Another Really Busy Maintenance Season.

Harmonie (like the rest of us) is getting older.  As she ages, she takes more maintenance and care to keep in good shape (like the rest of us!)  We have ended up with three major repair projects this season.  We have been sitting “on the hard” for a couple weeks now, and it looks like a few more.  It’s a more than a bit of a pain living on the boat on land. Dust and dirt are everywhere! But it will be over soon!

First Project, is our transmission. If you have been following closely, you might remember that we have been nursing along a small leak from the rear seal. Not surprisingly, it hasn’t gotten any better on its own.

The old transmission. Engine to the right, prop drive to the left.

\We have a standard ZF25M transmission (Not to be confused with a ZF25, which is a very different beast!) We found an excellent marine transmission shop here in Fort Lauderdale.  They confirmed my understanding that on this transmission replacing the rear seal requires virtually the entire unit to be disassembled.  As a matter of course, they replace all seals and bearings (as a minimum) when they have a unit apart.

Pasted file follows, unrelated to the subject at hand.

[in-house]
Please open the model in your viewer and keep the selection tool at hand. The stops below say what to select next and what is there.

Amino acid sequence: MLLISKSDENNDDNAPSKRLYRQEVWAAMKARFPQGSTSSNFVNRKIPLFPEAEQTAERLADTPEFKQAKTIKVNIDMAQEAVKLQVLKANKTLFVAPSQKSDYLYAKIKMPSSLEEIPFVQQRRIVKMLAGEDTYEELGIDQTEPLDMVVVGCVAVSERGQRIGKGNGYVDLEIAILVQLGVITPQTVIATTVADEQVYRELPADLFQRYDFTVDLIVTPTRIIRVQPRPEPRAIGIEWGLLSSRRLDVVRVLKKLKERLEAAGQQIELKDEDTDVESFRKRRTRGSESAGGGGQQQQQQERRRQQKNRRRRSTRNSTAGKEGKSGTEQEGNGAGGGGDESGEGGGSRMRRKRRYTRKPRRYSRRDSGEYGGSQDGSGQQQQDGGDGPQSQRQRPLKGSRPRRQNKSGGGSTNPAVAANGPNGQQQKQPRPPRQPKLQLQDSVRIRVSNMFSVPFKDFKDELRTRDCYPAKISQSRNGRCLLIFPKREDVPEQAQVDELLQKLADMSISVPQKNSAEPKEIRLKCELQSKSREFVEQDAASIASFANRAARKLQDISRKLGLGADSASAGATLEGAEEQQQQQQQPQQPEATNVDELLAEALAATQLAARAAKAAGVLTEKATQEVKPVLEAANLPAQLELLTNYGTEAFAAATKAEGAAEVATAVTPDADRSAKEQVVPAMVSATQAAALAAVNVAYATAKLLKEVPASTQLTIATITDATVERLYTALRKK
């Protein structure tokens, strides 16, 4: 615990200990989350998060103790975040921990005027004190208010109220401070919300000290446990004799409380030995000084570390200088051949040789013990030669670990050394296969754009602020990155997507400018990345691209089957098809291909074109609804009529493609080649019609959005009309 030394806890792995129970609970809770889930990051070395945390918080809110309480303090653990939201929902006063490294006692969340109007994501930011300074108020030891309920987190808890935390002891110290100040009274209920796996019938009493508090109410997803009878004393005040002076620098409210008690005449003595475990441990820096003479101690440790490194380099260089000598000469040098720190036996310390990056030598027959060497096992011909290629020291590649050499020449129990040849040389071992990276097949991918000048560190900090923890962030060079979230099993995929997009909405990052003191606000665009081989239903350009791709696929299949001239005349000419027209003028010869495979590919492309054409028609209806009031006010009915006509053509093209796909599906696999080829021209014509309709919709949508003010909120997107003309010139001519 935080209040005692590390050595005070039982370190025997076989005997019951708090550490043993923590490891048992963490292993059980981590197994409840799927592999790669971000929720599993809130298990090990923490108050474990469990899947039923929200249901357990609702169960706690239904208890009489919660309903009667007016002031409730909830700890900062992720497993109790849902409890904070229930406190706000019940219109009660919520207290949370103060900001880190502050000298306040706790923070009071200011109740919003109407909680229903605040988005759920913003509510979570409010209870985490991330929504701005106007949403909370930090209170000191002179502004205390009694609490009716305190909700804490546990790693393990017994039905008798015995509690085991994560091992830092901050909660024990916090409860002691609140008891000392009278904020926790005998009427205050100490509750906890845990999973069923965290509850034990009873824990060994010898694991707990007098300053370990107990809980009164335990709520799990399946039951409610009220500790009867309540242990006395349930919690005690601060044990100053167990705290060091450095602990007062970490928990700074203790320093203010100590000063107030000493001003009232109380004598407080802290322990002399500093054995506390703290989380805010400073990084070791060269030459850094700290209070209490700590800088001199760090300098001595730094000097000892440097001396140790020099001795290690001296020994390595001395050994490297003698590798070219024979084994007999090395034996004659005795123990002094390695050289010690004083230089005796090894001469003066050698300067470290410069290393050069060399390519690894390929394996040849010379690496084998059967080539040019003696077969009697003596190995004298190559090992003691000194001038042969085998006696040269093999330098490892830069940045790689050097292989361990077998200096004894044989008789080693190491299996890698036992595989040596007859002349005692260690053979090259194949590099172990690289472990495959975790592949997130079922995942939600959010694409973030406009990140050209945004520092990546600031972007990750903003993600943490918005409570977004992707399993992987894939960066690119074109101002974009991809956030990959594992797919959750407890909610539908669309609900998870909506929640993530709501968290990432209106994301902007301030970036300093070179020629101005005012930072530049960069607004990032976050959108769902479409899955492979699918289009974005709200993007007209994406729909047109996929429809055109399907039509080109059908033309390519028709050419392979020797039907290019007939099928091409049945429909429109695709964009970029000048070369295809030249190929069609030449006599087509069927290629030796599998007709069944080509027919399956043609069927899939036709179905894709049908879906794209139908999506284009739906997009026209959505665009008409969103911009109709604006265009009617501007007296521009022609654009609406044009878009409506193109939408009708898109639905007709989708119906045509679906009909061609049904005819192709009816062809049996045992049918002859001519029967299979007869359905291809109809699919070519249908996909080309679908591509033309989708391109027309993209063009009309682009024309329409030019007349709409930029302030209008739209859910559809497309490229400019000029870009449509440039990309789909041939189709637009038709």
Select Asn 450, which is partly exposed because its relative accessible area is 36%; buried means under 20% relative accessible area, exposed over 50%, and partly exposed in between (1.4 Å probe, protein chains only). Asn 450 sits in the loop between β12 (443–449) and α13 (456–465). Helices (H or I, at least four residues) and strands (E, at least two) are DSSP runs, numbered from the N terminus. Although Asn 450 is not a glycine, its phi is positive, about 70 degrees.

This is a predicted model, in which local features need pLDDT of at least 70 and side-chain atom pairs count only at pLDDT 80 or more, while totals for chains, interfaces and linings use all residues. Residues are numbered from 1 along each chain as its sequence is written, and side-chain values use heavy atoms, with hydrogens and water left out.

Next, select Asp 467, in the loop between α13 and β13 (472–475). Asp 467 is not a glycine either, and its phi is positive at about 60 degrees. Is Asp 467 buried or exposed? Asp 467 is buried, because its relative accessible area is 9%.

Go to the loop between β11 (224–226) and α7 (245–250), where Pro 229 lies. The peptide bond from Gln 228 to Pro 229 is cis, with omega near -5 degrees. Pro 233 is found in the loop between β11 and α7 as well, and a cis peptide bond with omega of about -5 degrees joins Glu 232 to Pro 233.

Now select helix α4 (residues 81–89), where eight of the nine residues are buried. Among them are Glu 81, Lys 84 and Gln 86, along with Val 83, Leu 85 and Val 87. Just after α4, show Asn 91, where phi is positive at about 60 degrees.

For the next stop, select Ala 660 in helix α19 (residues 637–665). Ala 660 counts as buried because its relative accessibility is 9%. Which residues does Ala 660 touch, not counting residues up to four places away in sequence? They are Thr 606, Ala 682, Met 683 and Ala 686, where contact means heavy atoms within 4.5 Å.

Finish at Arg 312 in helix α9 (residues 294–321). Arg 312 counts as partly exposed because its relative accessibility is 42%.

It would take about $1600 in mechanics time alone to get the unit apart and reassembled, plus a significant investment in parts. A new ZF25 is $2100.  That seems like an easy choice.  Replacing the transmission is not a technically difficult job, but there is the matter of removing old bolts, and physically moving the engine a few inches to get the coupling apart, and then getting everything aligned again. The coupling between the transmission and prop drive also has a reputation of being EXTREMELY difficult to remove.  That will keep me busy and out of trouble for a few days!  Buried in the bell housing between the flywheel and the transmission is the damping plate. Until the transmission is removed, we will not know exactly which part is there, and what it’s delivery time will be. The good news from this, is if we ever need a new engine, the new transmission can go along for the ride! We just got the news that the transmission is in stock locally, and can be delivered in a matter of days.

The big decision here is should we pull things apart while we are still high and dry?  or do we wait until we are back in the water?  If we run into a delay while things are apart, it would mean delaying our launch since we need the transmission to maneuver the boat to the dock….

Job Two has been the replacement of the ten fixed port lights in the cabin trunk.  Twenty-five years of tropical sun exposure left the acrylic lenses and the wood frames quite a bit worse for wear. 

An example of the sun crazing in the old acrylic portlights.